BILLY TAYLOR grew up in a musical family and learned to play different instruments as a child, including guitar, drums and saxophone.
A jazz activist, Taylor sat on the Honorary Founders Board of The Jazz Foundation of America, an organisation he started in 1989, with Ann Ruckert, Herb Storfer and Phoebe Jacobs, to save the homes and the lives of America's elderly jazz and blues musicians, later including musicians who survived Hurricane Katrina.
Taylor appeared on hundreds of albums and composed more than 300 songs during his career, which spanned over six decades. His 1963 song "I Wish I Knew How It Would Feel to Be Free" dealt with civil rights issues and became the unofficial anthem of the civil rights movement in the 1960s. It was selected as "one of the greatest songs of the sixties" by the New York Times and was the theme music of the 1996 film Ghosts of Mississippi. His extensive appearance in television series and jazz educational programs brought the music he loved to the masses at the grass roots level as well as more formal arenas. He was sometimes better known as a television personality than a pianist.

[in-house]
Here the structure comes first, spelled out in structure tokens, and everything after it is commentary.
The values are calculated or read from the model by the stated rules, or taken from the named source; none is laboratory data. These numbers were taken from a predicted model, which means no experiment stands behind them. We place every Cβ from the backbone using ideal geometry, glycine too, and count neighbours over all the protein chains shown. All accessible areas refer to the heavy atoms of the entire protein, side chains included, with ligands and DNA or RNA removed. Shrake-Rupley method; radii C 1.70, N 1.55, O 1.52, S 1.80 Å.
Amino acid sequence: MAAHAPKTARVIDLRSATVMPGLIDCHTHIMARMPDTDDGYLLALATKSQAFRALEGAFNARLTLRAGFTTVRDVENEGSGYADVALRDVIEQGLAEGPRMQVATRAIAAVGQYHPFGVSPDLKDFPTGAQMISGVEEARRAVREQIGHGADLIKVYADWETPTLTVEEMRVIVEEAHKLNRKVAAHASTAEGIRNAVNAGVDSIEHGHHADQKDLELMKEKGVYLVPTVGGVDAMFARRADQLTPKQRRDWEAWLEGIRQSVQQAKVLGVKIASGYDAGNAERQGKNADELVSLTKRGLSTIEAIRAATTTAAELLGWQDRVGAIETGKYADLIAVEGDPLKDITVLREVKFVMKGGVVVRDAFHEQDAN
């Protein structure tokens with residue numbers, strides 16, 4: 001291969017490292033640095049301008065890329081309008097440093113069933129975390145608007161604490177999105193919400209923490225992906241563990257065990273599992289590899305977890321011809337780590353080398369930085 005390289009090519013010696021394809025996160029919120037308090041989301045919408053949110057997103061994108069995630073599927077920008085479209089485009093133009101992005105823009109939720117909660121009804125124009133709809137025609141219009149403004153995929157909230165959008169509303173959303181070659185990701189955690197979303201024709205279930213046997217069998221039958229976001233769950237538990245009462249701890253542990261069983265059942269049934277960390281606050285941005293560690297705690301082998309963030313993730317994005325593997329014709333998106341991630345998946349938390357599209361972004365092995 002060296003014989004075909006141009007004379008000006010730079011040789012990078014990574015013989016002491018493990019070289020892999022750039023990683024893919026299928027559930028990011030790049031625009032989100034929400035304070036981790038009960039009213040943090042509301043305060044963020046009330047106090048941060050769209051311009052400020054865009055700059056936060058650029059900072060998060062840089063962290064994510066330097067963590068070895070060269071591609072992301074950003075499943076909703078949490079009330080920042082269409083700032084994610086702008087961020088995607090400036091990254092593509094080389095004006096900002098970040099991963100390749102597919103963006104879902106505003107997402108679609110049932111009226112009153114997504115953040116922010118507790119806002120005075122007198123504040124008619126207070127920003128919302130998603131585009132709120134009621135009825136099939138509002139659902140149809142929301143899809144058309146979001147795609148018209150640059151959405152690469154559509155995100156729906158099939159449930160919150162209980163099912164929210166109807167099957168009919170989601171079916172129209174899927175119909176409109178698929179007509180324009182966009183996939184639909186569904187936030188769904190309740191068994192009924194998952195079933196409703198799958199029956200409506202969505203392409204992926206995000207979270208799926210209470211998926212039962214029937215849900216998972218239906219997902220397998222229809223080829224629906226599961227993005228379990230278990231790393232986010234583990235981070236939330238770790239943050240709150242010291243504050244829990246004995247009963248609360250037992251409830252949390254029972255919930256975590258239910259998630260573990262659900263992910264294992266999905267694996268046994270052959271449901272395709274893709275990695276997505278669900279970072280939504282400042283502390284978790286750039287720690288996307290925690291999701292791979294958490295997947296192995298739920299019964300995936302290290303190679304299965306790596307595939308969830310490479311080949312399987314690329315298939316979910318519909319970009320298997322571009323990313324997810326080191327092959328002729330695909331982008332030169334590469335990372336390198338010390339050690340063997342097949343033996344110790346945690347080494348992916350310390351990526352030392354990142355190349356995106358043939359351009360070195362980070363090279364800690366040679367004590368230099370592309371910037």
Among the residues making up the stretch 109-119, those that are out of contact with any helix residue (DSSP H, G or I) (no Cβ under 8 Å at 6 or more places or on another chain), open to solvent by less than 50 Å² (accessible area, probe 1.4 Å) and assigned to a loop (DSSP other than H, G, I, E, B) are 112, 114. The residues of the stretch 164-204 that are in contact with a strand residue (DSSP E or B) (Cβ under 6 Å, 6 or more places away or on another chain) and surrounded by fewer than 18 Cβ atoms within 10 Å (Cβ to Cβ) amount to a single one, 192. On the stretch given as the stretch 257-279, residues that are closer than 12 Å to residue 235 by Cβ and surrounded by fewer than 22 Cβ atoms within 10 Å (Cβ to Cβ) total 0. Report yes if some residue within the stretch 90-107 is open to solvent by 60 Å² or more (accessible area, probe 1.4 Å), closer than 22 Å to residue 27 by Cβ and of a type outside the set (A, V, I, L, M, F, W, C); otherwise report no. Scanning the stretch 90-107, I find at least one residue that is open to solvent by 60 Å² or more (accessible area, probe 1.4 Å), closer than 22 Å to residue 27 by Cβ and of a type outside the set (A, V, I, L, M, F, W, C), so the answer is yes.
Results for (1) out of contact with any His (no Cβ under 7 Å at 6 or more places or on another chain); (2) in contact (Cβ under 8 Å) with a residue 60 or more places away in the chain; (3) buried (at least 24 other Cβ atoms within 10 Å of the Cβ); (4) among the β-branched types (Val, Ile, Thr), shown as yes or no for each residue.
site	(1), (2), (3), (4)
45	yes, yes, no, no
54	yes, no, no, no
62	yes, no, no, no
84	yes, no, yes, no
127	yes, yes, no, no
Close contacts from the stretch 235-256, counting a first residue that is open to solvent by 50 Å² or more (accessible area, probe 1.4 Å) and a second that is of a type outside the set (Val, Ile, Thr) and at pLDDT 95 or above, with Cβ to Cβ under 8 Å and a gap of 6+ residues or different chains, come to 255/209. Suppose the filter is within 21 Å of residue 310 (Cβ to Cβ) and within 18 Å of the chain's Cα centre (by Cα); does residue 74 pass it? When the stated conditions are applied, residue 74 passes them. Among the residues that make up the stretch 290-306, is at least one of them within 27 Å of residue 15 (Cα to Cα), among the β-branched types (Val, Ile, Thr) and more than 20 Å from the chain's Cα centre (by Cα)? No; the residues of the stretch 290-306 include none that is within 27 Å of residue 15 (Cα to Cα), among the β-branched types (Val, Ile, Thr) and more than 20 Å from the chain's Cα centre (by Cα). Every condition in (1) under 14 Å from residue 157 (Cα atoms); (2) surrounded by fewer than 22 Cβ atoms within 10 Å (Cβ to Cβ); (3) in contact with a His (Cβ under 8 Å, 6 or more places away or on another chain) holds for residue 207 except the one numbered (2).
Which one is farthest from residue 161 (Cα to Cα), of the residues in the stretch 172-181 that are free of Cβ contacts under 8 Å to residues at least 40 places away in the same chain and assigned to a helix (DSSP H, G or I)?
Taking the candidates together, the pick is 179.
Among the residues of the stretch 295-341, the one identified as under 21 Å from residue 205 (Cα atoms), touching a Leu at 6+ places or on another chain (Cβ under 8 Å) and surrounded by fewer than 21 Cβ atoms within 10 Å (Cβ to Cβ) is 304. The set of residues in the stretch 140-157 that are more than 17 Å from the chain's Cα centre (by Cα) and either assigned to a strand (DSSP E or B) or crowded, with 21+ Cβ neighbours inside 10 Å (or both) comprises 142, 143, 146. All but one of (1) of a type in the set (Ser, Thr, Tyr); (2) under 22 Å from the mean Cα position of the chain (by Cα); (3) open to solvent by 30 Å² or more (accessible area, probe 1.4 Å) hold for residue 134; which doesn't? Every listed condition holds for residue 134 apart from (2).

Any time in our history when the color barrier is broken, people have made significant sacrifices and stood up for the rights of others. That can't be taken lightly..
Billy Taylor | Duane Music